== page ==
"I was thinking 'say, my name, say my name,' " Lewis said.
Once the Power did, Lewis became a part of history.
"It's a historical event and I'm happy I could be a part of it," Lewis said. "I'm just blessed I could be a part of it. I'm glad I could come out here and compete and compete in such a way that at least one team showed some interest in me."
Sunday began a new era in Canadian basketball and era that basketball fans hope will survive long enough to be remembered.
The seven teams selected a total of 21 players.
Just before the draft, about 200 players participated in a combine that allowed them to be evaluated.
Saturday the combine was for all free agent players.
Sunday was limited to Canadian players.
The first round of the draft was for the selection of free agent players while the last two rounds were limited to Canadian players although five Canadian players were among the group of free agents selected to attend the draft Sunday night.
Lewis was happy to be picked by a team that was close to his home but even though he lives just across Lake Erie, he admitted knowing very little about Canada.
"Unfortunately I don't know very much about it," he said. "I went to Niagara Falls as a kid but other than that, this is my first time up here."
The league represents that the kind of unique opportunity many of these players are looking for. While a number of the players Sunday had experience playing professionally in Europe, they jumped at the opportunity to play closer to home.
Two Toronto natives are among the players selected Tyrone Levett, the No. 3 pick overall by the London Lightning, has been playing all over Europe since he played at Alabama State in 2002.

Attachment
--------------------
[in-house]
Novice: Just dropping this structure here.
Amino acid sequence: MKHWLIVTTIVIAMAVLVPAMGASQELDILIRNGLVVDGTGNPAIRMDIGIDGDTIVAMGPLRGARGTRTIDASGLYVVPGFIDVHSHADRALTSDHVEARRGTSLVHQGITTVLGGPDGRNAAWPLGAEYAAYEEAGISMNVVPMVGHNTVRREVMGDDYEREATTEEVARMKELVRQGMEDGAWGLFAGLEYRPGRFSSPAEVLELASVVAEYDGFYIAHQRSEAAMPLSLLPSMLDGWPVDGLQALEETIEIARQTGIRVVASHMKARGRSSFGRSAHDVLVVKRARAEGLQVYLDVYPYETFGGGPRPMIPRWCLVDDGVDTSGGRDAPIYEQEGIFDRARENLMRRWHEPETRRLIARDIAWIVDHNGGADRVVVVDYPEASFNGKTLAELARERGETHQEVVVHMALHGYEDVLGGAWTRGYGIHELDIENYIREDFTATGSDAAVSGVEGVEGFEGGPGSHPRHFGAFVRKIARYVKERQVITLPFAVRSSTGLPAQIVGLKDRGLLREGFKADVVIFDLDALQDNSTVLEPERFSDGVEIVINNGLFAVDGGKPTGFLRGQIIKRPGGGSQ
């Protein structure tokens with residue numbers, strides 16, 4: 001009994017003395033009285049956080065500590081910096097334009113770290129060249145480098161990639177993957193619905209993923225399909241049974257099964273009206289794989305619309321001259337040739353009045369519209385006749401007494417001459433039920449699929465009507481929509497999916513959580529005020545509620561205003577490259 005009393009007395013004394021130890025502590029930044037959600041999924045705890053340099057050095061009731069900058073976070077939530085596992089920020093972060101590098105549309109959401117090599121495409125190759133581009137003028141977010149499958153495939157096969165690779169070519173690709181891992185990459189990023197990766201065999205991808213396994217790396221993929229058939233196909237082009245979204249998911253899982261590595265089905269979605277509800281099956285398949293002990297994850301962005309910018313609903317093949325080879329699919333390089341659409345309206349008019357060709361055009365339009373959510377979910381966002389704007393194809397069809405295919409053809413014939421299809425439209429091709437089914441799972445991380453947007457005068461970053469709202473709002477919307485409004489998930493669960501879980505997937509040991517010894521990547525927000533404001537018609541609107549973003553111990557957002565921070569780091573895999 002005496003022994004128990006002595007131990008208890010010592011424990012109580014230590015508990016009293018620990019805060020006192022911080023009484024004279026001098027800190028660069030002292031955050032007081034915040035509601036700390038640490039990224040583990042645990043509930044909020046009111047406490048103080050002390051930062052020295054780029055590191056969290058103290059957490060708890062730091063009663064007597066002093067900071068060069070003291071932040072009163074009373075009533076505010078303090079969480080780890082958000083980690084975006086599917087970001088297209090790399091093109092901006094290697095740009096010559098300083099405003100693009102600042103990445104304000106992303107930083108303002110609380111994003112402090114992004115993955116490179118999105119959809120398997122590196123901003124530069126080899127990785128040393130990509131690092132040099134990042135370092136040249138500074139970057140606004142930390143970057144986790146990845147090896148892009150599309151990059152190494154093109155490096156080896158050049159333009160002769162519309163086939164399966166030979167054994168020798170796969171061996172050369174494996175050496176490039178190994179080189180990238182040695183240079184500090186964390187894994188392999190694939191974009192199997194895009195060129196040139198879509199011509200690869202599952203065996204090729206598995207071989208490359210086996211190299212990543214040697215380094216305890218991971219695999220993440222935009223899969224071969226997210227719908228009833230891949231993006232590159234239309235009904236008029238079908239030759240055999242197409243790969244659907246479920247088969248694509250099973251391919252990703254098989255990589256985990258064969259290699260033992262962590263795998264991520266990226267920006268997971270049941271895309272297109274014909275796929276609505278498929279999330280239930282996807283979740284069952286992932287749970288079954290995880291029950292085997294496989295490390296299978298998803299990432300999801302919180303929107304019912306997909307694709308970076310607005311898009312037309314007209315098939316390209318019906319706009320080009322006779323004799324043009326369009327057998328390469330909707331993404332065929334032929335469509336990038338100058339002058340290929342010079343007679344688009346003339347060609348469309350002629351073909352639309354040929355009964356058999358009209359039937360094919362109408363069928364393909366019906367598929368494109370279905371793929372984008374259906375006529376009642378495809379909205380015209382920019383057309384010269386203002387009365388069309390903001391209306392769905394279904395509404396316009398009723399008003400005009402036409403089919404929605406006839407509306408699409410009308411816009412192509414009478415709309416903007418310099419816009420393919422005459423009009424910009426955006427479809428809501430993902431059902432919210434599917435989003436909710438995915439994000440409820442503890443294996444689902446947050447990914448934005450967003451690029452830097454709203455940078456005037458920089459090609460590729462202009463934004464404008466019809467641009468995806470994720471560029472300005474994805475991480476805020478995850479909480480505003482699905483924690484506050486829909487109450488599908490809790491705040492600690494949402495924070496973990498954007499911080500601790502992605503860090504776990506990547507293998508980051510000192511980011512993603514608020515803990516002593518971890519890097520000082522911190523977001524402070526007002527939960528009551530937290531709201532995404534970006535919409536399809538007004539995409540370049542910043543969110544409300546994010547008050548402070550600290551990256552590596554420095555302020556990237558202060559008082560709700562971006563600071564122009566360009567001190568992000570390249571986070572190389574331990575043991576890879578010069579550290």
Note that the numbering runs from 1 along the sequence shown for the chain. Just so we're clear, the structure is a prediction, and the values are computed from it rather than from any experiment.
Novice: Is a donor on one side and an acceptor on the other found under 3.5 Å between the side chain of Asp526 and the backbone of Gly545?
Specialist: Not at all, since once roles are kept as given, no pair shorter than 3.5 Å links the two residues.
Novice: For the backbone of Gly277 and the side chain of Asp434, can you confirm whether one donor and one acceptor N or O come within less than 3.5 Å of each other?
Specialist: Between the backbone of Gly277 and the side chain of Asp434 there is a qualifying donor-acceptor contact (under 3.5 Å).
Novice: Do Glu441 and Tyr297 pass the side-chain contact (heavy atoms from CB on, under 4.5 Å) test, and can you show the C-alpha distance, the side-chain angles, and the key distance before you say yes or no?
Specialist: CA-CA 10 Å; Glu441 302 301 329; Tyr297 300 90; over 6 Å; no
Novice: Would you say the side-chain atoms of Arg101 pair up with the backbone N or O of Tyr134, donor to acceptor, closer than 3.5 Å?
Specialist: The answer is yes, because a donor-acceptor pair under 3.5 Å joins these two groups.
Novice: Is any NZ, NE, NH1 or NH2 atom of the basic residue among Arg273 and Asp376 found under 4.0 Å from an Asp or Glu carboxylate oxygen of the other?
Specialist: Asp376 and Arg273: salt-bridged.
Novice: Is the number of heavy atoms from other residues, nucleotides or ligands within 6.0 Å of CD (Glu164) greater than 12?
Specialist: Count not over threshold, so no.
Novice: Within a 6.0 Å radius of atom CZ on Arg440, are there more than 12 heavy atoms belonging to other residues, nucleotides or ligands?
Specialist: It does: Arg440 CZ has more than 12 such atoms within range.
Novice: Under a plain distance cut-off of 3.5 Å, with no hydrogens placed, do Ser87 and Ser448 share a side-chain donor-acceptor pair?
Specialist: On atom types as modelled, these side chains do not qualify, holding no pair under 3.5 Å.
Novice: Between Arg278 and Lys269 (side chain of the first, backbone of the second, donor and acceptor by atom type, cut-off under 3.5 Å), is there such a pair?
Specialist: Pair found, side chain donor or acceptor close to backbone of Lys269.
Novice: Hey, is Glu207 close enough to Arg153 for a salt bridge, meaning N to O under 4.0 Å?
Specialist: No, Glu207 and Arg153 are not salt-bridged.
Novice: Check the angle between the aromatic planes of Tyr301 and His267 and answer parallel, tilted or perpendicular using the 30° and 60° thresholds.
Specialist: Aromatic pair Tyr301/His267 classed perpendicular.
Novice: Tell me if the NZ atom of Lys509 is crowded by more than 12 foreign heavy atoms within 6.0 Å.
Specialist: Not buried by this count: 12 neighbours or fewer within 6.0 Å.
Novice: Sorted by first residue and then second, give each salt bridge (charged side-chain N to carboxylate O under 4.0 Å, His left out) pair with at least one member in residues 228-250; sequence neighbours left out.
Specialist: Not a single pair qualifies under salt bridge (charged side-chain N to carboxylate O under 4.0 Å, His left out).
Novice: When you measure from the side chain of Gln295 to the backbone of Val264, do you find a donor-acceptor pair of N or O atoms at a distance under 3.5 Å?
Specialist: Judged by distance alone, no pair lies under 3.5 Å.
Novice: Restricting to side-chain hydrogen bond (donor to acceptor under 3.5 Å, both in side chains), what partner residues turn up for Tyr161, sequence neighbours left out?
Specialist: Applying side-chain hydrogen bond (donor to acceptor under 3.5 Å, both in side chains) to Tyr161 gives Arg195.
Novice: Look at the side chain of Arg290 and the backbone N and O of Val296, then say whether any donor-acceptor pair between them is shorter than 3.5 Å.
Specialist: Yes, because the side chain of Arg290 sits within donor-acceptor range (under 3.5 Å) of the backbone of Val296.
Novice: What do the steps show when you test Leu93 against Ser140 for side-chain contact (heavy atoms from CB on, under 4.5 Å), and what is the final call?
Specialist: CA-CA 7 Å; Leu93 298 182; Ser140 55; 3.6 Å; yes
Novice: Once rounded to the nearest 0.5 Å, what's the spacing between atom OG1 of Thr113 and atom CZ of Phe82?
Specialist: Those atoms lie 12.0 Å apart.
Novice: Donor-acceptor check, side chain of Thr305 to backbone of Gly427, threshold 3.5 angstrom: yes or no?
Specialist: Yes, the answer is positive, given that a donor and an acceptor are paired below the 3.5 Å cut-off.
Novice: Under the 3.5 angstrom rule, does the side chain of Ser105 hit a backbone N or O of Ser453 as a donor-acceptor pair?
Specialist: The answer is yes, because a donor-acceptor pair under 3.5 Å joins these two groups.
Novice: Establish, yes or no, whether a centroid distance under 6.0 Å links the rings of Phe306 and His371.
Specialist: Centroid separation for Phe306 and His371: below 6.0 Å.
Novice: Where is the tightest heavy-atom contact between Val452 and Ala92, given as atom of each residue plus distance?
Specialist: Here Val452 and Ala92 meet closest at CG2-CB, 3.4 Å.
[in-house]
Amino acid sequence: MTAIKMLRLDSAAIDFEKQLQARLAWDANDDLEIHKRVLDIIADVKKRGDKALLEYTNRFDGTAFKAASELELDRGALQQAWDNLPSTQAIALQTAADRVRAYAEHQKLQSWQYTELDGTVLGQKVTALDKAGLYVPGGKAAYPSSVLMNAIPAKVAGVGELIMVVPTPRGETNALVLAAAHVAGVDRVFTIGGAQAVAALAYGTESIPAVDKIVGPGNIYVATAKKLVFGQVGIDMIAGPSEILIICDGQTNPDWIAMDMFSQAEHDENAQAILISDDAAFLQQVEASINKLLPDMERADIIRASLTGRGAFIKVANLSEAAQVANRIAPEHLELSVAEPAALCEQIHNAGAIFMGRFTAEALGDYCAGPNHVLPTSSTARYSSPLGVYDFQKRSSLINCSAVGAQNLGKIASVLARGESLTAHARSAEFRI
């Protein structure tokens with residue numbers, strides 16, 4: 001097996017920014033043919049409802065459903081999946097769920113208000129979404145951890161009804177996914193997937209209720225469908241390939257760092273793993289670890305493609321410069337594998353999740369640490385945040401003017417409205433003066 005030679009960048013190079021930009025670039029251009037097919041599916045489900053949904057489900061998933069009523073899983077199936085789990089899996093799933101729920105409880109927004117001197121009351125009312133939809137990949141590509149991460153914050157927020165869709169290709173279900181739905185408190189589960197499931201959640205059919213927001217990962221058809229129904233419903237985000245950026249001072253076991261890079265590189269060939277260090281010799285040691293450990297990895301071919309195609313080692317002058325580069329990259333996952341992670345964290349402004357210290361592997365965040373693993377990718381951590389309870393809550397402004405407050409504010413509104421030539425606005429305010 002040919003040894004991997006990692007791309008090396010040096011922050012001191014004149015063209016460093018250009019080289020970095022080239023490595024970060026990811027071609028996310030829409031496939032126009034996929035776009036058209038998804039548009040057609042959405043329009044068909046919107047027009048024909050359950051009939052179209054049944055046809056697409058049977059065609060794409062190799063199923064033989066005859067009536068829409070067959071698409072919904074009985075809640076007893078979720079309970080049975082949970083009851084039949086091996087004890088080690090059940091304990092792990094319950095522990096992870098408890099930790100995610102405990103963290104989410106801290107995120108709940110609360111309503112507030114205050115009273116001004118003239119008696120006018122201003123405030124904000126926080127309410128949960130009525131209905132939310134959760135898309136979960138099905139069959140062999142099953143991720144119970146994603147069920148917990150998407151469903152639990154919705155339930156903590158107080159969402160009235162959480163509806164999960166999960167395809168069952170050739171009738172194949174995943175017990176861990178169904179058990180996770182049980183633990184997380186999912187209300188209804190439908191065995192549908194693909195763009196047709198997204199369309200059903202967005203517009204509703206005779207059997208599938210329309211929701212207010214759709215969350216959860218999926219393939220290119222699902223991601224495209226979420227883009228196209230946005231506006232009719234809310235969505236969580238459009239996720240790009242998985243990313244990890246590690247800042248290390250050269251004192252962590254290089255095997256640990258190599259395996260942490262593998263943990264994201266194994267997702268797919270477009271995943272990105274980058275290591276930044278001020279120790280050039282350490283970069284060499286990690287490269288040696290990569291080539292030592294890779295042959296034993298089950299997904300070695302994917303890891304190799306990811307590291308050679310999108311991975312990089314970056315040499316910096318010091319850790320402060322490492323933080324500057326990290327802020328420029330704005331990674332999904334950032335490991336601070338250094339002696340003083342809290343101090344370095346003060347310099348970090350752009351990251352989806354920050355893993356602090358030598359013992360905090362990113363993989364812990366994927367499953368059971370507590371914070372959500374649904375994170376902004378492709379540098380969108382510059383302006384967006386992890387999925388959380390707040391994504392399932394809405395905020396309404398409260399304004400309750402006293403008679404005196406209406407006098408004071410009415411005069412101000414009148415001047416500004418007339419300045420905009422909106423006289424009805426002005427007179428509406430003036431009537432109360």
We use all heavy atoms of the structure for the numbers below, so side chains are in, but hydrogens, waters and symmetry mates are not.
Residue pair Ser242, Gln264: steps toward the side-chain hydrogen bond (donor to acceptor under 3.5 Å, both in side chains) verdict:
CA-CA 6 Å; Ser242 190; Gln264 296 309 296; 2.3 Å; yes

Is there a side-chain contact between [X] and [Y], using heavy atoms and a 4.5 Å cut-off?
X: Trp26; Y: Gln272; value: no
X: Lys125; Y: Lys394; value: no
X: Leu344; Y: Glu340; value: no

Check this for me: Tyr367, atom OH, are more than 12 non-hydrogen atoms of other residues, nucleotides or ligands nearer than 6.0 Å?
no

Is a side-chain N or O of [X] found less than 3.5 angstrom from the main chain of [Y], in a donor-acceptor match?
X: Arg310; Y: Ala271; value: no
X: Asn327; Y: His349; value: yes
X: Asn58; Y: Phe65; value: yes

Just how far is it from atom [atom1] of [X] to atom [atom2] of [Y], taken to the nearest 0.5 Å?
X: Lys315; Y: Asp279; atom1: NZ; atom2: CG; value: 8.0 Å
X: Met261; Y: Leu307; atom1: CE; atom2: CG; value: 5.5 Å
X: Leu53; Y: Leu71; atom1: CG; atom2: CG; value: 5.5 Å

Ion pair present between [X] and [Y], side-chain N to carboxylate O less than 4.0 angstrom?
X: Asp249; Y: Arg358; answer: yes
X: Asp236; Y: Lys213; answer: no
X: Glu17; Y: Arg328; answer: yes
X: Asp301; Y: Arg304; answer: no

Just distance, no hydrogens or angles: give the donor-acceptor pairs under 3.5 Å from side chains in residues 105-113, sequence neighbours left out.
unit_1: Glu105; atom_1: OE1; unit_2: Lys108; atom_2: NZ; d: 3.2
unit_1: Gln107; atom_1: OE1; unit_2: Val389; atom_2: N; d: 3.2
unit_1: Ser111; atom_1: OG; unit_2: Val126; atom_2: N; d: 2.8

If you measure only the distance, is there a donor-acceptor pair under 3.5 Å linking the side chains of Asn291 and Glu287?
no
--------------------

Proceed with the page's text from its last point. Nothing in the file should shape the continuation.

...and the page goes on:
The 31-year-old had several offers to return to Europe, but preferred to play closer to home. He was also attracted to the team because former NBA player Michael Ray Richardson is the coach.
"I was excited because coach played in the NBA. He's a great, great, player and won a couple of championships," Levett said. "That's totally me. That's what I'm looking for in a team.
"Playing here is also important because my parents are a little older and they haven't had a chance to see me play since I played in college."
The one aspect of the draft, especially the first round, was the number of experienced players available.
"The sky's the limit for this league," said Oshawa Power coach Mark Strickland. "Look at (Sunday), the number of people here, the players. This was the first year. There were 125 American players that came to try out. That's amazing."
Of the seven players selected in the first round, two Toronto natives selected: Jerome Brown went fifth overall to Saint John, while Tristan Martin was drafted seventh by Quebec.
Teams will not begin signing free-agent players to fill out their rosters.
The draft is a great public-relations opportunity for the league to get its message to the general public, but Strickland says it's more than that for a league that begins play in November.
"I expect these kids to make the team," he said, adding he doesn't enlist anyone he doesn't expect will play.